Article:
The lifeblood of a nation
Water. Man can live for about three weeks without food, but he/she dies after three to four days without water. Water is essential to life. We in Manila are fortunate that the Ramos administration privatized water service. It turned a government-run disaster with only about a quarter of the population with on-tap water 24 hours a day to today’s situation where 98 percent of the Manila service area has 24-hour potable water access. Or at least those areas did, until the first week of March when supply to some 280,000 households ran out or became intermittent. This happened because sources of supply remained unchanged, even as there was a threefold increase in Manila Water’s service connections — to about 990,000 in 2019 from 325,000 in 1997.
Manila Water has been blamed for the debacle, but it shouldn’t be. Water concessionaires Maynilad and Manila Water have won a number of global awards recognizing their excellent performance, considered world-class for a developing country.
I blame previous governments. It has been known for decades that Manila needs more water sources. Yet government after government has dithered and done nothing. That’s where you should put the blame. In fact, the original concession agreement in 1997 required the government to provide an additional dam within 10 years. It didn’t. Manila Water saw the crisis coming and asked permission to develop other sources in February 2017, but the National Water Resources Board denied the request until March 2019. That meant two years were lost.
I don’t want to downplay the suffering of people who went through days without water. It’s not something we should ever have to experience, but we would have years ago if water supply wasn’t privatized. The Metropolitan Waterworks and Sewerage System (MWSS) did a lousy job. When MWSS managed it, only 67 percent of the population was connected to the system. Of these, only 26 percent had 24/7 water service. System losses stood at an incredible 63 percent of total water production. But with Manila Water running it, it’s 12 percent.
It’s human nature to fly off the handle when things go wrong, but a little more balance could have been exhibited. Yes, it was bad that about 280,000 households suffered poor service, but they’d had 24/7 water practically uninterrupted for about 22 years. The exaggerated threat that there’d be no water worsened the situation as people scrambled to store more water than they needed, even those outside the affected area, draining La Mesa Dam, which is an important source for Manila Water.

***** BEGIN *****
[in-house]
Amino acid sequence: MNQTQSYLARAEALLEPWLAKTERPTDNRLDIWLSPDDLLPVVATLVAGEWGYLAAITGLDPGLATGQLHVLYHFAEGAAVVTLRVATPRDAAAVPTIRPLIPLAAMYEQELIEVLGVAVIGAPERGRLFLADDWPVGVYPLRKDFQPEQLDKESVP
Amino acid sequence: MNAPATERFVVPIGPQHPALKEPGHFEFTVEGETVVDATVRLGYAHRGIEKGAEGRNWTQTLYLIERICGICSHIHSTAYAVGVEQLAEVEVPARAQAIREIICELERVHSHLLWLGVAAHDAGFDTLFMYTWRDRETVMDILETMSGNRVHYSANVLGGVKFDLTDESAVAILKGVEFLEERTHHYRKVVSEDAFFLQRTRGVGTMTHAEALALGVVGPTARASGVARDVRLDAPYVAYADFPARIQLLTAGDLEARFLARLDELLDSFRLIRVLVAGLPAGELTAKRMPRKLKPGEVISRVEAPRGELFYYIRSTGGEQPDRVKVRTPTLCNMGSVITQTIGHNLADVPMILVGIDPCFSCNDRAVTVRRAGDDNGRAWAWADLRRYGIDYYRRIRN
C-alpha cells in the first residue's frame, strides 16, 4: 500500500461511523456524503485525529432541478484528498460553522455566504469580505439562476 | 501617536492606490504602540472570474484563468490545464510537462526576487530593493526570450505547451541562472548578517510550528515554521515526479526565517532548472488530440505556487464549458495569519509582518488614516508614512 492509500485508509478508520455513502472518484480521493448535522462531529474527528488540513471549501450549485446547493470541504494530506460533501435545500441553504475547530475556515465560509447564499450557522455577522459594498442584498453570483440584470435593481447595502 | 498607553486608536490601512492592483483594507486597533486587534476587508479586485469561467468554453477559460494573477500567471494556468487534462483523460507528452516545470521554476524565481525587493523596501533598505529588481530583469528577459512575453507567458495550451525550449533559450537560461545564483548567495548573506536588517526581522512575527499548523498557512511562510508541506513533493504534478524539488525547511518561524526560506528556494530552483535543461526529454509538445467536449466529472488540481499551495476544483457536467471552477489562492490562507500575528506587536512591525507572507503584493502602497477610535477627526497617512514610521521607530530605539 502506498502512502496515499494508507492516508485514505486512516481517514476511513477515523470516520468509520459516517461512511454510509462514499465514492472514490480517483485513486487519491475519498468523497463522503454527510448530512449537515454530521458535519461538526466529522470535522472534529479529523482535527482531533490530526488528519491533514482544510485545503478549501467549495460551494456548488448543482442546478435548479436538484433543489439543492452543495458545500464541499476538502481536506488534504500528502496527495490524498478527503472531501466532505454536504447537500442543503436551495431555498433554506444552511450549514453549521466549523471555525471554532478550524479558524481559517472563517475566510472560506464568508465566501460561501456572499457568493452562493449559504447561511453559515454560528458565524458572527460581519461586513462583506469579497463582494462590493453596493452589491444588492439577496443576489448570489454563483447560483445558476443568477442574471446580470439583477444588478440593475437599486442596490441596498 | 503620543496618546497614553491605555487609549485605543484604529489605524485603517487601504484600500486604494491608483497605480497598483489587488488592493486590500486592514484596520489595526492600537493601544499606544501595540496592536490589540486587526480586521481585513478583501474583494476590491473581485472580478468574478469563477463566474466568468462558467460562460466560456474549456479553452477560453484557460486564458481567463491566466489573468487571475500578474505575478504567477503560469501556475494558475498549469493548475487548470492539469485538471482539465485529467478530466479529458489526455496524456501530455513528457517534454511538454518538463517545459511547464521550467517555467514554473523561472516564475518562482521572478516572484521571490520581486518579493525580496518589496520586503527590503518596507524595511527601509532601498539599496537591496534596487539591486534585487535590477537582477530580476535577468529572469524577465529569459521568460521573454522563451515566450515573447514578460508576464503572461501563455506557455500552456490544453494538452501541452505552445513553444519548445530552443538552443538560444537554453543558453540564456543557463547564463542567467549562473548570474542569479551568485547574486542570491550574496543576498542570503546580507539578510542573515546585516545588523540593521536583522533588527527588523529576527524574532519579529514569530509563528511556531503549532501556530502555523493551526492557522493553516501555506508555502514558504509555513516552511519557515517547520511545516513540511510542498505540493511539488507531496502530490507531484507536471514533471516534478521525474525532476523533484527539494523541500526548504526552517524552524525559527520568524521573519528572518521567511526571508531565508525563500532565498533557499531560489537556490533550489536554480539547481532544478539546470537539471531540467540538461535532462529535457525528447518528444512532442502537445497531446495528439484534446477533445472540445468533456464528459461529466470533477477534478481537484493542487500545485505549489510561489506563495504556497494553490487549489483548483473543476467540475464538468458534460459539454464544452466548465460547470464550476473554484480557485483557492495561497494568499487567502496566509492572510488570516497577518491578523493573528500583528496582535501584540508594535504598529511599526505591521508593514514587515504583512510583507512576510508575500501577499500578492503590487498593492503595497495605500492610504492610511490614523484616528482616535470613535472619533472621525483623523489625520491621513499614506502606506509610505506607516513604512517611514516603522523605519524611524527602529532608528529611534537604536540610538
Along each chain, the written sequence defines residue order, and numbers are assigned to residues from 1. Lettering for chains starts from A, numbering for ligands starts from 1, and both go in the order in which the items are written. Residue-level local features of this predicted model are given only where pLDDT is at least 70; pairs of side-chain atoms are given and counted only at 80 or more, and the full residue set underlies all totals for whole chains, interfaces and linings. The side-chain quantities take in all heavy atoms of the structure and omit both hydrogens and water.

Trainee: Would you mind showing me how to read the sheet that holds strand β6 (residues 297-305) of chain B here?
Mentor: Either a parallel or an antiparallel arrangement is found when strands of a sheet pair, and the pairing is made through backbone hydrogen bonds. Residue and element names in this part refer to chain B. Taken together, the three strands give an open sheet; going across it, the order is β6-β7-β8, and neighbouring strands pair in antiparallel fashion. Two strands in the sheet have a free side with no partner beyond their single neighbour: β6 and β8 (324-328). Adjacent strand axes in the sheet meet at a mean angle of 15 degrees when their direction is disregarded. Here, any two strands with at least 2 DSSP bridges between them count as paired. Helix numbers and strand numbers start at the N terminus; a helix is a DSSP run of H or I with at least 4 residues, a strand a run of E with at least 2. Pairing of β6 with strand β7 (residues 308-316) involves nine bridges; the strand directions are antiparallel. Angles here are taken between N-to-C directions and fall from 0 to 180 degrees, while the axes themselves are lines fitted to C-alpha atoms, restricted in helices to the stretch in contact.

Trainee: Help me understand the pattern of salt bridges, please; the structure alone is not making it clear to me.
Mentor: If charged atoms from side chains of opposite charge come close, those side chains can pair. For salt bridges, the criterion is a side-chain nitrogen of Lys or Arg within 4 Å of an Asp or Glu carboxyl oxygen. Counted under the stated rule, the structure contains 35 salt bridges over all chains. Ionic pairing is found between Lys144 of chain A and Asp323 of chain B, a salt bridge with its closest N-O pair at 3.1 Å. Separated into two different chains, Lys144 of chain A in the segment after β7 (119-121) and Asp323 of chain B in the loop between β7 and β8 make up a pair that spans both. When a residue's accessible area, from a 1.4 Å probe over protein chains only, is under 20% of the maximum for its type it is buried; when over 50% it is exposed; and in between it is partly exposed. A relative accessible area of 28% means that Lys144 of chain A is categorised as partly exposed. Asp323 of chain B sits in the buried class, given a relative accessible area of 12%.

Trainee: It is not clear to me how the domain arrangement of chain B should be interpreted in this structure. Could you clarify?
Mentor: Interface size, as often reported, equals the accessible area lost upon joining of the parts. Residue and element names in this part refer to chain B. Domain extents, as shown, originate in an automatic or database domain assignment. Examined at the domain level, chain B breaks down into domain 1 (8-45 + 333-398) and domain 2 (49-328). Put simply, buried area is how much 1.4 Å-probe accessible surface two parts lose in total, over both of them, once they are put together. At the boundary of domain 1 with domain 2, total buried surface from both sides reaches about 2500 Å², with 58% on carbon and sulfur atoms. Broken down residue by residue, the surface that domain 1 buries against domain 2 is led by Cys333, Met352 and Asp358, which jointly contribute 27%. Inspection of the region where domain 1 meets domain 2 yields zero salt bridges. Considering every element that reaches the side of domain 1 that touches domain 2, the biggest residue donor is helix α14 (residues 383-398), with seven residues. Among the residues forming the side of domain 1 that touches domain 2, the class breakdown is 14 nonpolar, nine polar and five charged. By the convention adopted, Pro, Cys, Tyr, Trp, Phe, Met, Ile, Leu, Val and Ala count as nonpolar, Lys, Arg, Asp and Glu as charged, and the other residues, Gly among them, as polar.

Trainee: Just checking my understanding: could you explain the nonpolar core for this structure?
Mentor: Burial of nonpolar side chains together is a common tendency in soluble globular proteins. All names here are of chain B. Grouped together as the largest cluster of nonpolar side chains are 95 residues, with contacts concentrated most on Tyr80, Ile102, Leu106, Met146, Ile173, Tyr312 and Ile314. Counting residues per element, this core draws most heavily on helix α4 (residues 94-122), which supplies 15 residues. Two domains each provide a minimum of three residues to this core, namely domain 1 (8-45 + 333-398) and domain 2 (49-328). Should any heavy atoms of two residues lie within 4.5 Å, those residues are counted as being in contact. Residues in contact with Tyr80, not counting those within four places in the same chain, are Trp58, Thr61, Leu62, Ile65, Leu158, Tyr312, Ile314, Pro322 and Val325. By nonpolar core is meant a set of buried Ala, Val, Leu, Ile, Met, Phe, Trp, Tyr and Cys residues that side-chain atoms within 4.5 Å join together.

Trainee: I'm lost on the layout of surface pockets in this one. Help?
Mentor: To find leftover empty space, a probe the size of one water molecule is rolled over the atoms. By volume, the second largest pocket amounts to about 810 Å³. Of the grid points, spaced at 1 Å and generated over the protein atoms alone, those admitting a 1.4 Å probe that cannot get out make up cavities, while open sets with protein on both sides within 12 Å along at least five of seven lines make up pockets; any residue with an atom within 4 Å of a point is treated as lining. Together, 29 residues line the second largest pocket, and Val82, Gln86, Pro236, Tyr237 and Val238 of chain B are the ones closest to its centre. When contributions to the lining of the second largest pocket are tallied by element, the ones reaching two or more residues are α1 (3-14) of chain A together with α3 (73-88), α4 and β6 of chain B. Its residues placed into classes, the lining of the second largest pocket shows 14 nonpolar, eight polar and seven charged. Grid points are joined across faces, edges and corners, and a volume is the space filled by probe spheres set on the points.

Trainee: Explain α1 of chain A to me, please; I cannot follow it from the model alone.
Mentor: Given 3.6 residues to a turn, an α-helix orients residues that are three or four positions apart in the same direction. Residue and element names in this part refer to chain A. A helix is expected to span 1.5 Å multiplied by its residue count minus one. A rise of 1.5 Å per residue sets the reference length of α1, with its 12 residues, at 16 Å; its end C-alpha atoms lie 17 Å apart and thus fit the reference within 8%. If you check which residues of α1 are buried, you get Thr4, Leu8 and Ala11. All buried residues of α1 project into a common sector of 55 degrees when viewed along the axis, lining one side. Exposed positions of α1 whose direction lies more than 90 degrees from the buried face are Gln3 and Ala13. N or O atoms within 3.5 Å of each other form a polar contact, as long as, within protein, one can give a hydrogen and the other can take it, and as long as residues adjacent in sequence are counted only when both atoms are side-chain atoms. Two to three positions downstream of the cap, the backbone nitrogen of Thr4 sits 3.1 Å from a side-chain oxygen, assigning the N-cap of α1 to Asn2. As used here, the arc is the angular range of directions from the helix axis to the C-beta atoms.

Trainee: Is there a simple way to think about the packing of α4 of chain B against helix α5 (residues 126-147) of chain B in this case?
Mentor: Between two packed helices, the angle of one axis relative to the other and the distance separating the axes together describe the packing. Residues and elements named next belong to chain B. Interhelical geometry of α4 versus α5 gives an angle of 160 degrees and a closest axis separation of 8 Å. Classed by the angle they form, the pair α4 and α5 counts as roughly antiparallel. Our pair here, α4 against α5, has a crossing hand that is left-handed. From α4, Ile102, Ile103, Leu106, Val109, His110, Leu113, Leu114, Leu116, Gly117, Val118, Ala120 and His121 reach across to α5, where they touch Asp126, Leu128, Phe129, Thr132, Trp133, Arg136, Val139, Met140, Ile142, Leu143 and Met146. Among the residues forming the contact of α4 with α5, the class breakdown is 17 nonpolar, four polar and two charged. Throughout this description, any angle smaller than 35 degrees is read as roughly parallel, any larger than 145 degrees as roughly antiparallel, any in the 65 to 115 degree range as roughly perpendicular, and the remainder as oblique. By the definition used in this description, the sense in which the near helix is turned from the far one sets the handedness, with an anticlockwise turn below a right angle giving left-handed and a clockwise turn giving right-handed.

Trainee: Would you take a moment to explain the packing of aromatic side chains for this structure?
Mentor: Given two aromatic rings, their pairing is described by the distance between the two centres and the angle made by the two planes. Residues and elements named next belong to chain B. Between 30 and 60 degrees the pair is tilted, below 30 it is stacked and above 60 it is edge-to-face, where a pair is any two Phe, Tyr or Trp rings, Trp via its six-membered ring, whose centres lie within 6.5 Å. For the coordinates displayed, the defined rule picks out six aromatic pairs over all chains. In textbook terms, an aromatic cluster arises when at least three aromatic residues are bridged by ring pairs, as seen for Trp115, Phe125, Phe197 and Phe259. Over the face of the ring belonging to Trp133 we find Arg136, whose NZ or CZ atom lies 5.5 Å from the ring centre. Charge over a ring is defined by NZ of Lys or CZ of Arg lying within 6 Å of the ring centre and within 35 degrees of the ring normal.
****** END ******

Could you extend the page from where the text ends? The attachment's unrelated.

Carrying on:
What happened was the fault of previous governments sitting on their hands, not doing what was blatantly obvious: build another dam. It wasn’t the fault of the present MWSS leadership and the concessionaires, which already warned the public of the impending disaster. So why want the head of MWSS administrator Rey Velasco when he’s only been in the MWSS for two years? Go after his predecessors.
The water crisis we are now facing boils down to a root problem: the source — our one and only source, Angat Dam, and the La Mesa Dam it feeds. They cannot support the (too rapidly) growing population. What if there’s a massive earthquake, as Indonesia experienced, and the one dam we have is damaged? We’ll have no water, and millions will die. So it’s a relief that the Duterte administration did act and a contract has been signed to build the Kaliwa Dam—finally. But that will take about five years, so a quicker solution is needed.
The only feasible short-term solution is to tap Laguna Lake, and that can be done. In the longer term, though, Laguna de Bay must be cleared of fish pens and dredged. President Gloria Macapagal Arroyo did issue a contract to a Belgian firm to do just that. President Noynoy Aquino, bless his heart, canceled it due to alleged irregularities. But in his do-nothing style, he never replaced it with something else. Laguna has since gone from 10 to 12 meters deep to 2.5 to 3 meters.
The water regulatory setup is a mess. Water regulation and management need to be under one authority, with one law. It should be adequately funded to deal with chronic water woes. The House Speaker has introduced a bill to create a water department. It should be supported, as we need a single agency with overall control of our water systems.
New clean water sources are needed with urgency, and people have to pay for it. People also have to conserve water because far too much is wasted. I’ve seen no discussions on being more thoughtful in our water consumption. Reducing our personal use is a whole other subject in itself, and the government needs to act on it, too.
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